Th, 2/2: Early Christian responses to same-sex desire. READ: Brooten, Love Between Women, chapters 7-11, and Rupp,  Sapphistries, ch. 4.  Sisterhood communities and gender rebels in early modern Europe: nuns, Beguines, pirates and cross-dressers.

Th, 2/9: Same-sex romantic friendships in the 17th-19th centuries. READ:  Carroll Smith-Rosenberg, “The female world of love and ritual,” in Disorderly Conduct.

Freud, psychology and the medicalization of the deviant body in the 19th century. READ: Faderman, Odd Girls and Twilight Lovers, ch. 2, and “Medical Knowledge,” FIRST PAPER DUE.

Th, 2/16: Women’s colleges: passion pits or a solution to the education question? READ: Inness, The Lesbian Menace, ch. 2, and Rosemary Auchmuty, A World of Girls, ch. 6, “The Crush.” Salons and speakeasies: from Paris to Harlem and Greenwich Village in the interwar years. READ: Faderman, Odd Girls, ch. 3 and 4; Angela Davis, Blues Legacies and Black Feminisms, “I Used to Be Your Sweet Mama.” The uproar over Radclyffe Hall’s 1928 novel, The Well of Loneliness. READ: as much of Hall as you can.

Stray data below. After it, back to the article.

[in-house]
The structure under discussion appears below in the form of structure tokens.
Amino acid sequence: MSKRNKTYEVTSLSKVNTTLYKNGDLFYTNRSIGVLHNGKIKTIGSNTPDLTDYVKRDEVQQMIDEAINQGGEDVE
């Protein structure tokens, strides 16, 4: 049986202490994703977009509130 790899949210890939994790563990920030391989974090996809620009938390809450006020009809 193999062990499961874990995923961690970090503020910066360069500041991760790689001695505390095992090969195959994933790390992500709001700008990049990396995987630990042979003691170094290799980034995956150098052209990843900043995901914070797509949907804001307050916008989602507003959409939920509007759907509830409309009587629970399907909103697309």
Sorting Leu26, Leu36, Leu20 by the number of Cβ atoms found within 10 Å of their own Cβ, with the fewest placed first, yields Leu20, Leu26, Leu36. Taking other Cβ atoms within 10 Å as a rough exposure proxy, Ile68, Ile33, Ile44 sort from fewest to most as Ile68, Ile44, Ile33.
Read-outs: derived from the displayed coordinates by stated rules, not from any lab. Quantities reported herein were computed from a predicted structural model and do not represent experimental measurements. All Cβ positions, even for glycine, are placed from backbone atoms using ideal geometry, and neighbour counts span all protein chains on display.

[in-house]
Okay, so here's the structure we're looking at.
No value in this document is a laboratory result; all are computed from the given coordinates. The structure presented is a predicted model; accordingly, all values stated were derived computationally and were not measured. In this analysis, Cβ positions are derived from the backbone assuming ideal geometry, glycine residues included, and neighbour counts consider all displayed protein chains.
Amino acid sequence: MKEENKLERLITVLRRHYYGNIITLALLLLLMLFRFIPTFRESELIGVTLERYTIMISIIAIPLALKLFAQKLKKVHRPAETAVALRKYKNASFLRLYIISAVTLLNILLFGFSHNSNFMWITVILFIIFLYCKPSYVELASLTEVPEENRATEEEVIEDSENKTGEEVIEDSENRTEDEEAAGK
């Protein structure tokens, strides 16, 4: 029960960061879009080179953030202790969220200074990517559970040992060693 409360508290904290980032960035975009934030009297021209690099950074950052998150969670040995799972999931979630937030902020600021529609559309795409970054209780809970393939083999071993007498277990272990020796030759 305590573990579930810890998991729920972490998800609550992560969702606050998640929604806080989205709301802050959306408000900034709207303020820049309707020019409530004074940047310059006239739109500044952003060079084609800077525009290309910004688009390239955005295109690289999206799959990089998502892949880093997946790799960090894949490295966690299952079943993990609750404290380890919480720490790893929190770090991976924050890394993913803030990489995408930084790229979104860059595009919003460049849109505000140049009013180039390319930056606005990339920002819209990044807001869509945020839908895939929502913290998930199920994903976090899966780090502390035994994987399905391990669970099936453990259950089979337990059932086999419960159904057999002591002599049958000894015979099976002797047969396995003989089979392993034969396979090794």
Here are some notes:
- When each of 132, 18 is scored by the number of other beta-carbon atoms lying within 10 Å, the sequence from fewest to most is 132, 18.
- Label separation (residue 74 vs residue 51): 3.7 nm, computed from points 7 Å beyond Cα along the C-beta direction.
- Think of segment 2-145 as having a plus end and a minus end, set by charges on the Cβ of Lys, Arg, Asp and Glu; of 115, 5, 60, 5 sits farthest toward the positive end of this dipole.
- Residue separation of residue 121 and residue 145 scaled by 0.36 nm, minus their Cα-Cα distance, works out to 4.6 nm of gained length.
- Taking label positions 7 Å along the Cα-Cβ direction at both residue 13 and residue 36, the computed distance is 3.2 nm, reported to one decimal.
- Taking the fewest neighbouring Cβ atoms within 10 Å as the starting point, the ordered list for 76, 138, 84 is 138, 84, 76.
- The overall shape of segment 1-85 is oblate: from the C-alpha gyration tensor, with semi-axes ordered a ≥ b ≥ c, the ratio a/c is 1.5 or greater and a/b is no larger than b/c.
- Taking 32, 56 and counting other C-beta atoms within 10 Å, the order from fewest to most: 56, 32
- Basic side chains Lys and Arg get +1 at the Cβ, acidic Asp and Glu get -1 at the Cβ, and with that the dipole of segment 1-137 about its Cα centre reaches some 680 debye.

Th, 2/23: World War II: WACs, Nazi persecution, and women in pants. READ: Johnnie Phelps, in My Country, My Right to Serve, ed. Mary Ann Humphrey; and Faderman,Odd Girls, ch. 5. Postwar military purges, bar culture and the paranoid 1950s. READ: Rochella Thorpe, “A House Where Queers Go: African-American Lesbian Nightlife in Detroit, 1940-1975,” in Inventing Lesbian Cultures in America, ed. Ellen Lewin; Del Martin and Phyllis Lyon, “Lesbian Liberation Begins,” Lisa E. Davis, “The Spy Who Came in From the Closet,” and Faderman, Odd Girls, ch. 6-7. Film: “Before Stonewall.”